Thursday, October 31, 2013

Halloween Meatloaf

I don't know why but I suddenly whipped up a meatloaf. Pain de viande. It goes well with the local applesauce. Although it is Halloween, I can't stay up. I have been vertical all day. I am exhausted. Good night

Ducking Grief by K.A. Leddy

Article: Ducking Grief

Tentatively, I learned to duck and to weave my way through life. If I was in the grocery store and saw a neighbor or someone from my children’s school in the cereal aisle, I would rush down another aisle. Then, if I saw the person again two aisles over, I would head for the deli section. If I was clearly cornered, with no possible retreat, I would bend and pick up whatever item was close at hand, perhaps a can of green beans, and appear to be engrossed in its label. I did my best to make myself unapproachable. If that didn’t work I sometimes abandoned my cart mid-aisle and darted for my car. My husband would have to do the food shopping that week.

Simple Joy

Simmering apples that I harvested from the neighborhood apple tree.

Fernando Botero

I have been obsessed with Botero since I was a child. I used to play with the distorted reflections of the gigantic electric coffee percolator that was beside me at the breakfast table. My step-father showed me the artwork of one of the illustrators he represented: Roy Carruthers. From there I discovered and followed the artwork of Fernando Botero.
Fernando Botero was born the second of three sons to David Botero (1895-1936) and Flora Angulo (1898-1972). David Botero, a salesman who traveled by horseback, died of a heart attack when Fernando was four. His mother worked as a seamstress. An uncle took a major role in his life. Although isolated from art as presented in museums and other cultural institutes, Botero was influenced by the Baroque style of the colonial churches and the city life of Medellín while growing up.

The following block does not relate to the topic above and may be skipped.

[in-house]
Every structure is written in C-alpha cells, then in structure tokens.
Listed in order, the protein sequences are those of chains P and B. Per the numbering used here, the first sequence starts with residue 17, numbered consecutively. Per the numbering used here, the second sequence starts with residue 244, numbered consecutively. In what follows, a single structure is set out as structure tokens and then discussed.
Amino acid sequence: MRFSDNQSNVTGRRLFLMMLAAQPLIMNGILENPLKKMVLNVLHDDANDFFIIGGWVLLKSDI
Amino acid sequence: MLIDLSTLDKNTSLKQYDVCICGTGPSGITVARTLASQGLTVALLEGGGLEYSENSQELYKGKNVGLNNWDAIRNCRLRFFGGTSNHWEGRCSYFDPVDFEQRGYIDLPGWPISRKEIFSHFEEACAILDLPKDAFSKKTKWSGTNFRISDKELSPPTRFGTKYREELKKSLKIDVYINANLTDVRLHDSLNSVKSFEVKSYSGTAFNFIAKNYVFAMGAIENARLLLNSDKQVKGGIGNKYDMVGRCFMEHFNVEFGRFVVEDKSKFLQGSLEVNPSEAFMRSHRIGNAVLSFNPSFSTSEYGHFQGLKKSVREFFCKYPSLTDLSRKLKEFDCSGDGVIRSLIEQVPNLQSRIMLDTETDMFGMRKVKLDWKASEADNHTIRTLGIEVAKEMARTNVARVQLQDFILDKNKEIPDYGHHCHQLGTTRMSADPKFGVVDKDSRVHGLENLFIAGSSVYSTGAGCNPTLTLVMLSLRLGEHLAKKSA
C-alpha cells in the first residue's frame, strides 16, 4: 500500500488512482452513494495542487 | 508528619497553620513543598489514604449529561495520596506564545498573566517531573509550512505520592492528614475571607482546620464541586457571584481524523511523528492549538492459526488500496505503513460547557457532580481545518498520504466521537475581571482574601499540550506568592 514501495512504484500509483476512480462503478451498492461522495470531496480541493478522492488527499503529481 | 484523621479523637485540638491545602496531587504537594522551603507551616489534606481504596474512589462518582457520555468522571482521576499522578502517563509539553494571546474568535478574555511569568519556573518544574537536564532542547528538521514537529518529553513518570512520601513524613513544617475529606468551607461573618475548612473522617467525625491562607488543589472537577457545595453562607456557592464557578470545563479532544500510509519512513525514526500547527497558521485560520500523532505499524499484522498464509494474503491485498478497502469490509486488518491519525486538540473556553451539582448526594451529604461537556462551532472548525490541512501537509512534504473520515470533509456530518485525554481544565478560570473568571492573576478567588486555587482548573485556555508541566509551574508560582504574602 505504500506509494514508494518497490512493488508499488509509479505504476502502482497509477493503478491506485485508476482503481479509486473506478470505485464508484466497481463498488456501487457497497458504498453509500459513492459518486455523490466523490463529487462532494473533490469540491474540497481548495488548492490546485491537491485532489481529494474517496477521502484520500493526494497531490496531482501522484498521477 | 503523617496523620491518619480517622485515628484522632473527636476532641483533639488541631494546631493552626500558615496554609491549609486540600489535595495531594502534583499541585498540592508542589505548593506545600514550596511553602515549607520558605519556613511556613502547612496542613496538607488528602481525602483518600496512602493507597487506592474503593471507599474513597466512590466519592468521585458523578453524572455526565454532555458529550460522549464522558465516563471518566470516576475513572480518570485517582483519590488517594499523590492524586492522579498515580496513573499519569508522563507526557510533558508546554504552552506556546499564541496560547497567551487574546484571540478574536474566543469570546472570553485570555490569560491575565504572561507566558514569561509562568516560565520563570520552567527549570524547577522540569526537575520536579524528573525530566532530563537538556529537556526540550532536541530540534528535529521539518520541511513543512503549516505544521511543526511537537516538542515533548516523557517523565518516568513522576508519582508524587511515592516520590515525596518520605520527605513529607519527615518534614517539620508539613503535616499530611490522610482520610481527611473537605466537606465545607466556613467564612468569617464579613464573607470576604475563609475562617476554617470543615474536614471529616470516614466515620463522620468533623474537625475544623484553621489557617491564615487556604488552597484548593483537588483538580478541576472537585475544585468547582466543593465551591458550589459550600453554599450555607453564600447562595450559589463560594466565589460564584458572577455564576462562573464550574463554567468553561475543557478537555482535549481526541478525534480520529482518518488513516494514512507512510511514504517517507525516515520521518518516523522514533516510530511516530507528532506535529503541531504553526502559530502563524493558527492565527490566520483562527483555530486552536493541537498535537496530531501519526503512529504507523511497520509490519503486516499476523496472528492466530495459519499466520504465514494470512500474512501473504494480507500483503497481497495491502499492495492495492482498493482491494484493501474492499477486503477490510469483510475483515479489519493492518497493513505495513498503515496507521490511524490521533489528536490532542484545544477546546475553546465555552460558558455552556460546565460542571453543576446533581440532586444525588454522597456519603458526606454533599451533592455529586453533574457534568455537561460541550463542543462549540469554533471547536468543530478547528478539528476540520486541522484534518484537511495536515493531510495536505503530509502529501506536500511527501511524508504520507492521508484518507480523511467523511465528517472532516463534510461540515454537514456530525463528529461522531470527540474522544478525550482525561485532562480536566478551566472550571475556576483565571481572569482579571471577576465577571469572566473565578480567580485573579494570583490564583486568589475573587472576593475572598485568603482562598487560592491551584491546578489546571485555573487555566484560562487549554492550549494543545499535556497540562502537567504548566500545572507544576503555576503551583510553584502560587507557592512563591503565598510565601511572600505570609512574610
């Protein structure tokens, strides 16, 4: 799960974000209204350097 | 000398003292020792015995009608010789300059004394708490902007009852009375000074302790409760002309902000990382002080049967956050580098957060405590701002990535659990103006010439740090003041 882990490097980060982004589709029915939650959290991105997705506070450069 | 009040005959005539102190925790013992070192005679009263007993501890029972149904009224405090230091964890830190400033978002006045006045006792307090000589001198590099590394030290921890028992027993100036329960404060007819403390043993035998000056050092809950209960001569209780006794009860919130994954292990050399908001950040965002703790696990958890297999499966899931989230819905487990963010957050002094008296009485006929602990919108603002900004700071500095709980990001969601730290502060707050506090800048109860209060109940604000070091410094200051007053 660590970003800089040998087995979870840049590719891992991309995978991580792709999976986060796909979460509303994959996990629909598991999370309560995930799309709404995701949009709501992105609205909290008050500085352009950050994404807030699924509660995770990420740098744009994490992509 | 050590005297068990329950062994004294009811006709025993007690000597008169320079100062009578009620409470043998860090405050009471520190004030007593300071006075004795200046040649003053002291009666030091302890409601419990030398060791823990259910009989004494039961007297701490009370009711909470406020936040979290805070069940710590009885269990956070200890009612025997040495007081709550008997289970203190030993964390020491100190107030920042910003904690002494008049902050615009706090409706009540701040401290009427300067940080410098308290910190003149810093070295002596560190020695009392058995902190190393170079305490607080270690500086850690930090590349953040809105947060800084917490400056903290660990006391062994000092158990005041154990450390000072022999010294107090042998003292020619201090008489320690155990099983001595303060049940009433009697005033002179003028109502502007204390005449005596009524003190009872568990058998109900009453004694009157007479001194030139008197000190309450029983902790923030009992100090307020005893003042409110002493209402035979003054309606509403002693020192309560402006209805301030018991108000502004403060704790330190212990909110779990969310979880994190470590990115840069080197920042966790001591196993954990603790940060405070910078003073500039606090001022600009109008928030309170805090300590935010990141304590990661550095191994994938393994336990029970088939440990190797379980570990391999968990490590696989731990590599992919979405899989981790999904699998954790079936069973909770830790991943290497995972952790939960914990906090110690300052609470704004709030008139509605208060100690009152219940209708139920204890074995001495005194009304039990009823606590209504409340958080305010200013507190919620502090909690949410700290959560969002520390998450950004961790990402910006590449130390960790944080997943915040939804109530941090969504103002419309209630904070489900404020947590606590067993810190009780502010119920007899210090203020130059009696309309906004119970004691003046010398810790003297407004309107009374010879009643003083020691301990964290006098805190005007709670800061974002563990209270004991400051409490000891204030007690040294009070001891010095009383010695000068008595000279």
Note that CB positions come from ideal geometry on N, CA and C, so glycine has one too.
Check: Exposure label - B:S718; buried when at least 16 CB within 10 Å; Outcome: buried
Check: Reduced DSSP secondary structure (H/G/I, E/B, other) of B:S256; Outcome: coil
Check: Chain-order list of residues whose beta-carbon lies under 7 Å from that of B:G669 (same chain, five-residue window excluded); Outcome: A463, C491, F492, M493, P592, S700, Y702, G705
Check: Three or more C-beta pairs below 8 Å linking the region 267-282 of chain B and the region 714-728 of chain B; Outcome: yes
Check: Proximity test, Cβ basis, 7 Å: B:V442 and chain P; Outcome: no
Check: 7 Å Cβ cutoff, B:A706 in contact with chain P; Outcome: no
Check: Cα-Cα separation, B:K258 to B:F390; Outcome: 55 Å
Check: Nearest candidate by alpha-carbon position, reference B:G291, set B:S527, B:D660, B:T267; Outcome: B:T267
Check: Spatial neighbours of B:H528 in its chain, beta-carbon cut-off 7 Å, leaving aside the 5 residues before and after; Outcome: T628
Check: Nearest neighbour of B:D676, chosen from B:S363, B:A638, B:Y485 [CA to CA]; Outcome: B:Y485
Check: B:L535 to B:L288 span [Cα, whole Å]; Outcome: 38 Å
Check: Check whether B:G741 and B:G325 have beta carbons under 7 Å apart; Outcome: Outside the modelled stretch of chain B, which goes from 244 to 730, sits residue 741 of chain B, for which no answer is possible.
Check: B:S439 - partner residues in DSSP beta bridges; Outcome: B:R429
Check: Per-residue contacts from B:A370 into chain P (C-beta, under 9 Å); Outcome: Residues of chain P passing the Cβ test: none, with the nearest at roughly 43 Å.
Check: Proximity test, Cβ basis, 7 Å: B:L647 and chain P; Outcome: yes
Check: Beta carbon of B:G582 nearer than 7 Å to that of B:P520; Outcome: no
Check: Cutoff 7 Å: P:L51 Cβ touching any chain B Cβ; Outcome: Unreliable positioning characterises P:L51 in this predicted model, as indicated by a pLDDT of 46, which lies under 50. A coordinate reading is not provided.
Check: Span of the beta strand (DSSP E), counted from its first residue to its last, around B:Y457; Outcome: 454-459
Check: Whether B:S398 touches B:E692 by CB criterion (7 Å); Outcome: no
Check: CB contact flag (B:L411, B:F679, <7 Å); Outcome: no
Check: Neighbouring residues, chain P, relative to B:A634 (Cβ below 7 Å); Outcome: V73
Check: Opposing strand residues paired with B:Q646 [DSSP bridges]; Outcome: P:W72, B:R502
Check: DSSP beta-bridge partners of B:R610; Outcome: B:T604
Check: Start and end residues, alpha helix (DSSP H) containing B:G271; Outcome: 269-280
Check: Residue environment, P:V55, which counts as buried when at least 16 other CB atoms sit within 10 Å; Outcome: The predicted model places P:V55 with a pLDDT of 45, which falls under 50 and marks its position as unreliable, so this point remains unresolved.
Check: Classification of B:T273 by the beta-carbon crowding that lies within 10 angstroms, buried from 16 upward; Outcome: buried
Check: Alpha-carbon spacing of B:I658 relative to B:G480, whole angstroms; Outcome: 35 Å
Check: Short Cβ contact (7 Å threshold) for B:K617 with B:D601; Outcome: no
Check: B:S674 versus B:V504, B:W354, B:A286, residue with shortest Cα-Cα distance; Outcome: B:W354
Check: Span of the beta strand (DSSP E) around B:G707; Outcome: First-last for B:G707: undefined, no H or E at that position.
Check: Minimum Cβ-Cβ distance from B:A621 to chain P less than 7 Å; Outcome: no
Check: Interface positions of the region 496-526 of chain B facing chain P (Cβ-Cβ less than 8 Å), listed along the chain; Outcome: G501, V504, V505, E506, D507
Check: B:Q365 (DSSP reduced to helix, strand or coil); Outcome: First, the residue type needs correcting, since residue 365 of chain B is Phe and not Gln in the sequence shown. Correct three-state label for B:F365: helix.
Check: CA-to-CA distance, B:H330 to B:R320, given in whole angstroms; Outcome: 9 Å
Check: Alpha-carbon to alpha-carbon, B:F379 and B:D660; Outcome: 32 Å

He received his primary education in Antioquia Ateneo and, thanks to a scholarship, he continued his secondary education at the Jesuit College of Bolívar. In 1944, Botero's uncle sent him to a school for matadors for two years. In 1948, Botero at age 16 had his first illustrations published in the Sunday supplement of the El Colombiano, one of the most important newspapers in Medellín. He used the money he was paid to attend high school at the Liceo de Marinilla de Antioquia.

Botero is an abstract artist in the most fundamental sense, choosing colors, shapes, and proportions based on intuitive aesthetic thinking. Though he spends only one month a year in Colombia, he considers himself the "most Colombian artist living" due to his insulation from the international trends of the art world.

In 2004 Botero exhibited a series of 27 drawings and 23 paintings dealing with the violence in Colombia from the drug cartels. He donated the works to the National Museum of Colombia, where they were first exhibited.

In 2005 Botero gained considerable attention for his Abu Ghraib series, which was exhibited first in Europe. He based the works on reports of United States forces' abuses of prisoners at Abu Ghraib prison during the Iraq War. Beginning with an idea he had on a plane journey, Botero produced more than 85 paintings and 100 drawings in exploring this concept[14] and "painting out the poison". The series was exhibited at two United States locations in 2007, including Washington, DC. Botero said he would not sell any of the works, but would donate them to museums.

In 2006, after having focused exclusively on the Abu Ghraib series for over 14 months, Botero returned to the themes of his early life such as the family and maternity. In his Une Famille Botero represented the Colombian family, a subject often painted in the seventies and eighties. In his Maternity, Botero repeated a composition he already painted in 2003, being able to evoke a sensuous velvety texture that lends it a special appeal and testifies for a personal involvement of the artist. The child in the 2006 drawing has a wound in his right chest as if the Author wanted to identify him with Jesus Christ, thus giving it a religious meaning that was absent in the 2003 artwork.